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  1. Thanks a lot Sean. So what should be in my pitch? My experience, qualifications, favourite foods, influences, travel etc? Should I state straight away that I don't mind working for free? Cheers Teddy
  2. What gets the best response when approaching a kitchen to do a stage with them? Call in person with a resume, call on the phone, or send a letter? Can anybody help? Thanks!
  3. chefteddy

    squirrel meat?

    Thanks for the article Tracy! I feel better eating the little blighters now! Chefteddy
  4. chefteddy

    squirrel meat?

    Thanks Henry DV I will check out that site you recommend. Here's hoping... I know they'll no doubt taste like rabbit (which I love) but with some acorn-ness I imagine! Braised in cider is a good idea. Cheers Chefteddy "I hope their shapes will not offend your palates."
  5. chefteddy

    squirrel meat?

    Peter you beat me to it! The only difference was that I was going to recommend a slingshot since I know NYC has a ban on the discharge of firearms!! ChefTeddy, don't be overly enthused about trying squirrel meat. It's really nothing to get overly excited about, there are lots of other exotic meats that are much better. Have you tried rattlesnake? It's one of the ones that I find quite good and it's not heard of that often. Of course I don't know where you can get that either. As far as availability you can always try Possum since they're born dead on the side of the road. ← Thank you MSRadell! I have tried rattlesnake, but I didn't think that much of it. I am from the UK and my friends tell me how good squirrels are at this time of year - full of rich nutty flavour, so I'm keen to find some of the bloody things. I have a gereat old English recipe I want to use too. I'll keep looking! Cheers
  6. Does anybody know? I hear it's the season for it and I'm dying to cook some. Perhaps there is somewhere outside of NYC that will send it? I tried exoticmeats.com and I had no luck. One of you must know?? Cheers
  7. I finally got a copy, and yes you can see young Ramsay in one of the photos. He's actually smiling in another. The mind boggles....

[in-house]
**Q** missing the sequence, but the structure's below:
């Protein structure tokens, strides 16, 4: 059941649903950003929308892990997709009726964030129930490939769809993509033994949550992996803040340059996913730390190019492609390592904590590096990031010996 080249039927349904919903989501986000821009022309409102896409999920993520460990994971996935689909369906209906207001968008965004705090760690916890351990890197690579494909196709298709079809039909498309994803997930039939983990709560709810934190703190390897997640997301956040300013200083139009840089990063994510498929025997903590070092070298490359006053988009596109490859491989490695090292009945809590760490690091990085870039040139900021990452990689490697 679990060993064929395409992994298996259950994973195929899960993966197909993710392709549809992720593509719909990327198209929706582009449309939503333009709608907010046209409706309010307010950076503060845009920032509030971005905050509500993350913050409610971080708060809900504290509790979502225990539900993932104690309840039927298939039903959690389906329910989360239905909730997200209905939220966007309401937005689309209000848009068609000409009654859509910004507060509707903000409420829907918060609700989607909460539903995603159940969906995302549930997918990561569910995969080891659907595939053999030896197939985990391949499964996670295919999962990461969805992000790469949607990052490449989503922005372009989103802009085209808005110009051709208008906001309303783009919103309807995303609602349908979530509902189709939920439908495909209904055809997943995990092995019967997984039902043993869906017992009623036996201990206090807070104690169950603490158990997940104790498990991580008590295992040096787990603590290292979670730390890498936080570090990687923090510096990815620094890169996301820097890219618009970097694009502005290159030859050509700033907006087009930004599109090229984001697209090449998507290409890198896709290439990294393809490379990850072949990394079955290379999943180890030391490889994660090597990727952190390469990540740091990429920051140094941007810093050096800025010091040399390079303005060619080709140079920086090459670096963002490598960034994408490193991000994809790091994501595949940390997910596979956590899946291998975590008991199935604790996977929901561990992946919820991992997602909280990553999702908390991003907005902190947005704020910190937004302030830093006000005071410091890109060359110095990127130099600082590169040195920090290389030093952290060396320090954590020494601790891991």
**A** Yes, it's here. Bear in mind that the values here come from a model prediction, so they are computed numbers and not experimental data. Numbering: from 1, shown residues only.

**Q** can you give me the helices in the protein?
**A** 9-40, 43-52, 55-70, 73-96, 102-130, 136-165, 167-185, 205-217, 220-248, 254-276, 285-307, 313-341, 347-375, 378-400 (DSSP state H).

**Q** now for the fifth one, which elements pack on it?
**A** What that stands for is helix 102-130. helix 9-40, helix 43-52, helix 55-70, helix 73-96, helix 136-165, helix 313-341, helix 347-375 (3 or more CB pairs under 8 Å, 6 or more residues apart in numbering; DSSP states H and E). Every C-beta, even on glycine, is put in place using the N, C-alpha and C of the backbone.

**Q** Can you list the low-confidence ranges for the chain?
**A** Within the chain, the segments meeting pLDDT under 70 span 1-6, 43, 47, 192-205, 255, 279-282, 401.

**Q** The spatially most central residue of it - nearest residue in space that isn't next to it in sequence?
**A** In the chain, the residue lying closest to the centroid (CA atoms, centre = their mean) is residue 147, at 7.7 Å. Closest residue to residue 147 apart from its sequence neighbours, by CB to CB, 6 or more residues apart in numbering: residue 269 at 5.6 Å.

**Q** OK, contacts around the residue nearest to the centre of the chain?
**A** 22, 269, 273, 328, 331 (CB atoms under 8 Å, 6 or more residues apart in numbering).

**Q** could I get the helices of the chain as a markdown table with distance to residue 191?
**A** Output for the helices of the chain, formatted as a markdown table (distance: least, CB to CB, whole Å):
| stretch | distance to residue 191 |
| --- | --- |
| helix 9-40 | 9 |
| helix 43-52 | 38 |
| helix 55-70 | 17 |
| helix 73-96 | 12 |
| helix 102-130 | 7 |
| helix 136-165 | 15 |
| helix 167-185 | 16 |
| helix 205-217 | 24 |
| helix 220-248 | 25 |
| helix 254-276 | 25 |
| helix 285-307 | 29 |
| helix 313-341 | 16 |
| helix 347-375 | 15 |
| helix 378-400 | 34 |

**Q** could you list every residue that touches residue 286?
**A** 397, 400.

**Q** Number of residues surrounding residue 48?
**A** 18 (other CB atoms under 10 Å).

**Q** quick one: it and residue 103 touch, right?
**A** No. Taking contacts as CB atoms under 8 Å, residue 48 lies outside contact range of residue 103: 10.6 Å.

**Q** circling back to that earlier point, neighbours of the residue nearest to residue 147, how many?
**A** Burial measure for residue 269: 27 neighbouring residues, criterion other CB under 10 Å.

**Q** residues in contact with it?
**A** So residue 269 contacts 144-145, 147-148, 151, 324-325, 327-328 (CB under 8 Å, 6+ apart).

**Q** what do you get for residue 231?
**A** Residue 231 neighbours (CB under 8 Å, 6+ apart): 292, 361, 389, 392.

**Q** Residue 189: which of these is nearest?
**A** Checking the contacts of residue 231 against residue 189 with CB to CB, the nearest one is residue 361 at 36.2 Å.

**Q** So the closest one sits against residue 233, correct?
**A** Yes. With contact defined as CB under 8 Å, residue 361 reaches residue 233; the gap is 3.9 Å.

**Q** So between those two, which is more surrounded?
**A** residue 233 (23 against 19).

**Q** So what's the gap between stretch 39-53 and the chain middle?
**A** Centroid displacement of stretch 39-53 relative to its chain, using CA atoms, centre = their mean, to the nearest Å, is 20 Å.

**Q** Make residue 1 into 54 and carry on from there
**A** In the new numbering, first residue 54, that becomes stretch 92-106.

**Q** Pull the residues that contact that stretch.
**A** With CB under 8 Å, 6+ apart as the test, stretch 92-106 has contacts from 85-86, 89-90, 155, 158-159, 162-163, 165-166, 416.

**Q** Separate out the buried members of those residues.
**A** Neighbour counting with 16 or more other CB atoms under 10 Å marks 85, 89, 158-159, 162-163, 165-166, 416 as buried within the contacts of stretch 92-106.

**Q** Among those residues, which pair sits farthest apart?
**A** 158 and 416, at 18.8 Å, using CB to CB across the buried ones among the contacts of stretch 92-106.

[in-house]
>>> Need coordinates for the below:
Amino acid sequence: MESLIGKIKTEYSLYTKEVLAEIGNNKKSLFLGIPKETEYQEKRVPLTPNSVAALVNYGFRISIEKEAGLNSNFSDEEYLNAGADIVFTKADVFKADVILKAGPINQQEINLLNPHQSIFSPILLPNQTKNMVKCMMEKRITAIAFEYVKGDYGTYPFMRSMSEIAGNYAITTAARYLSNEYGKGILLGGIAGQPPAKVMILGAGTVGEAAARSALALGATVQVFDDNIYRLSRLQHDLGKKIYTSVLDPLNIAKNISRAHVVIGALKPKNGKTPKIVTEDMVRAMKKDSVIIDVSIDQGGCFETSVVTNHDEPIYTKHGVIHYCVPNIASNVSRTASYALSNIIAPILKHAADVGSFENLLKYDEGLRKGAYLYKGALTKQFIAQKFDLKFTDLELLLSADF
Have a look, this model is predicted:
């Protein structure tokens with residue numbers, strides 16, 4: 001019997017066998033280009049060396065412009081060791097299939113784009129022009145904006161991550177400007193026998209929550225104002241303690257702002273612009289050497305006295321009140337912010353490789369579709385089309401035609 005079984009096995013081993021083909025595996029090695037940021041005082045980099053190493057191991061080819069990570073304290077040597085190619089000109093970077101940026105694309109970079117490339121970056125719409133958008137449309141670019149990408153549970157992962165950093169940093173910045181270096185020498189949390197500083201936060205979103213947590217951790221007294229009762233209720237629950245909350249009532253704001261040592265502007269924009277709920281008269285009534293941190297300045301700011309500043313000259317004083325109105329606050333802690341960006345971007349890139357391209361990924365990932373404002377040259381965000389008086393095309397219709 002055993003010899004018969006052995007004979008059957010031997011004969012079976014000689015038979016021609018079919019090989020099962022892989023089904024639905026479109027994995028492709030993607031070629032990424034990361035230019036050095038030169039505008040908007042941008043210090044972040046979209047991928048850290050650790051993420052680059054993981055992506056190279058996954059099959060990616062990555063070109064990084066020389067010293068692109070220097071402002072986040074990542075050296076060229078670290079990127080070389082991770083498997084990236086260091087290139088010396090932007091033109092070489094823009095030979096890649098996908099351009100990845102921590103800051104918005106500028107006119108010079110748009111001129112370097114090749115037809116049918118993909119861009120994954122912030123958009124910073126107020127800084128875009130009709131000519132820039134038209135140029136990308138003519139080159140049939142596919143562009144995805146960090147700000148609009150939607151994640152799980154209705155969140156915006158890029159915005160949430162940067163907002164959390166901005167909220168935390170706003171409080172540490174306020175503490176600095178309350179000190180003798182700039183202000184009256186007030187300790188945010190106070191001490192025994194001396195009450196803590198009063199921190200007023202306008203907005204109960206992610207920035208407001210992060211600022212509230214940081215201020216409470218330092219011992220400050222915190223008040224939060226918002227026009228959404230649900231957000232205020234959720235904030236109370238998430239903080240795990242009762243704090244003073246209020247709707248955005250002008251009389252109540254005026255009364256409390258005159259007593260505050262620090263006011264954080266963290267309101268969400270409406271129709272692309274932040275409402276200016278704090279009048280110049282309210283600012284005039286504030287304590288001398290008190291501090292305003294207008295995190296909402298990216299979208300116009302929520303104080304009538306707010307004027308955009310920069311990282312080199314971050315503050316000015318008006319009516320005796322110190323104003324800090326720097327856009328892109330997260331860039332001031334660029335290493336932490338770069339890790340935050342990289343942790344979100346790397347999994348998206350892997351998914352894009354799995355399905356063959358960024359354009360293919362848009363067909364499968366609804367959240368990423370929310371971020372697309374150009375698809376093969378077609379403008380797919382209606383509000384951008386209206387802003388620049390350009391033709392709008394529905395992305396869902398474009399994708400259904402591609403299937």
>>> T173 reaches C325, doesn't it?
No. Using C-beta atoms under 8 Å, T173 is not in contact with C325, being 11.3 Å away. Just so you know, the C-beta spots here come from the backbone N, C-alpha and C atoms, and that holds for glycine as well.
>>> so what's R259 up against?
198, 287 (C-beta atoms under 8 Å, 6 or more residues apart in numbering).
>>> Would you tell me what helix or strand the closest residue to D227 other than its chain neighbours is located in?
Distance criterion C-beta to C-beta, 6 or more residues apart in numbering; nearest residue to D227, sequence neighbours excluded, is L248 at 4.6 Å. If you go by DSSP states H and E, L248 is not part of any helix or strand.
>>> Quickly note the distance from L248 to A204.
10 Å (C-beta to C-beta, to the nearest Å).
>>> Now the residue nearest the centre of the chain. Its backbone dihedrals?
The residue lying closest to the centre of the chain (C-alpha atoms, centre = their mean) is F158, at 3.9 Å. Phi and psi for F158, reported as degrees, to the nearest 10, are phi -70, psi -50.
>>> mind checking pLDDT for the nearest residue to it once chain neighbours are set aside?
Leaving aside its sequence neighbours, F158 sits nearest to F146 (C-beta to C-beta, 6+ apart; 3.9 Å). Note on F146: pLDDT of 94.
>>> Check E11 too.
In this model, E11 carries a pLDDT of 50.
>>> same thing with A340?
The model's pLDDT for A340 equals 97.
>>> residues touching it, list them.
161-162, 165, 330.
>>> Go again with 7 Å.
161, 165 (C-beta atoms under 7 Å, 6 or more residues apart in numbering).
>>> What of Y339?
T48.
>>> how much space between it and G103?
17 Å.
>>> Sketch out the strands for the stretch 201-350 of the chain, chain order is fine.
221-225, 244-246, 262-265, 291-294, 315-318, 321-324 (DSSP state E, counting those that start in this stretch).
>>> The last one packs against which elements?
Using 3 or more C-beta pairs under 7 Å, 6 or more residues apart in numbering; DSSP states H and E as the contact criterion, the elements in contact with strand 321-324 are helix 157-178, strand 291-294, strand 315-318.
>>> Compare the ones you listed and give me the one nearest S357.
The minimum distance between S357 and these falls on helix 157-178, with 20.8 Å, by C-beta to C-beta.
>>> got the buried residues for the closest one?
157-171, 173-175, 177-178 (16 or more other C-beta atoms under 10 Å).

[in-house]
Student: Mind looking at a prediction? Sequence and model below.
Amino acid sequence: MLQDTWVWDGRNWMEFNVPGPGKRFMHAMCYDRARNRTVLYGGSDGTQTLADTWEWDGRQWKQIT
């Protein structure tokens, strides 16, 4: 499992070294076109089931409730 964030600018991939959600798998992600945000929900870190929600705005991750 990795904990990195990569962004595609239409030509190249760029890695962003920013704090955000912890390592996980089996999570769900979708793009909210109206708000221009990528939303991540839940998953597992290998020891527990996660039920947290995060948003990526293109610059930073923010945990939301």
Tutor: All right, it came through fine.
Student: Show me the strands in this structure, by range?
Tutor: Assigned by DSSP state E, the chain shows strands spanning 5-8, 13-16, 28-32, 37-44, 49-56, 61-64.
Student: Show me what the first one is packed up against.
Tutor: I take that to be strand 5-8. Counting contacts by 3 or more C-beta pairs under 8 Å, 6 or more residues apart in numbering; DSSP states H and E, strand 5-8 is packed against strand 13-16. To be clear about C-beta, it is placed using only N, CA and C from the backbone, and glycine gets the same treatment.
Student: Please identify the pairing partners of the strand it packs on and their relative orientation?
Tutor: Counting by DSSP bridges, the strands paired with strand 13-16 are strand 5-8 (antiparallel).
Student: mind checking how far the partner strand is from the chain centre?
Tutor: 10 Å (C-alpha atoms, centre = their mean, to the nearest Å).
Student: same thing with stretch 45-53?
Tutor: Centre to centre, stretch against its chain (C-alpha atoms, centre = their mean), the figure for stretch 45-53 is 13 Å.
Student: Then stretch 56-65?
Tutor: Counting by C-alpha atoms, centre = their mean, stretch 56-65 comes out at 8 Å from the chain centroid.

8. Thanks Shinboners - I think I have my hands on a copy! Bloody expensive though.
  9. British Black Pudding (blood cake, boudin noir) Serves 12 as Appetizeror 8 as Main Dish. I grew up with this stuff. I was charging it down before I even knew what it was. Then I found out, and I wanted to eat it even more. After moving to New York from London, I couldn't find any black pudding anywhere, so I decided I should make my own. *Based on John Desmond's recipe, from Oakes and Mazzola's 'Boulevard' cookbook, with a few tweaks. 1 T olive oil 1 large onion, diced 3 cloves of garlic 2 T Calvados 1 tsp each of mustard, fennel and cumin seeds 1 tsp crushed red pepper flakes 1 tsp smoked paprika 1 crumbled bay leaf tsp ground black pepper 1 lb in total, of pork meat and fat - I used 1/4 lb of chilled streaky bacon and 3/4 lb of ground pork 1-1/2 c fresh pigs blood 1-1/4 c in total, of cereals - I used 1 1/4 cup cooked white rice 1 c mixed fresh herbs - I used sage, tarragon, parsley, thyme, Cuban oregano. 1 T Maldon sea salt 1 T unsalted butter 1 large beaten egg 1 c apple sauce/caramelized apples 1/2 c finely chopped dried apricots Sweat the onion and garlic in the oil for a few minutes until soft and add the Calvados. Cover, and cook for about 20 mins on low heat, taking care not to brown the onions. Allow to cool and reserve. Take the fennel, mustard and cumin seeds, bay leaf and red pepper flakes and warm in a skillet over a low flame until they release some of their aromas. Allow to cool, whizz in a spice blender with the bay leaf until powdery, add the paprika and reserve. Chop the bacon into the smallest pieces you can , and add to the ground pork in a bowl. Combine with all the other ingredients and mix very well for a few minutes with a spoon or your hands if you're brave. Preheat the oven to 325 F. Put the mixture into the terrine dish, cover tightly with foil and then into a large hotel pan. Add boiling water until it come 2/3 of the way up the terrine dish, and back for 1 1/2 hours. Remove from the ban marie, and allow to cool for 2 hours, before refrigerating overnight. I eat it for breakfast, as part of the Full English, for lunch with cold ham in a salad, or for dinner with mashed spuds, caramelised apples. Keywords: British ( RG1983 )
  10. I grew up in England during the reign of 'l'enfant terrible' (MPW) and he caused quite a stir, not only in he kitchen, but the World of food generally. I enjoyed White Slave, though I didn't feel like it 'captured' the essence of what was going on back then. The biggest hit was "White Heat" a cookbook with loads of B&W pics of moody Marco doing what he does best. It spawned a whole generation....Followers of the original rock n roll chef... BTW, does anybody know where I can get another copy of "White Heat"? it is a rare find indeed these days. Cheers Teddy http://brooklyngrubber.typepad.com/
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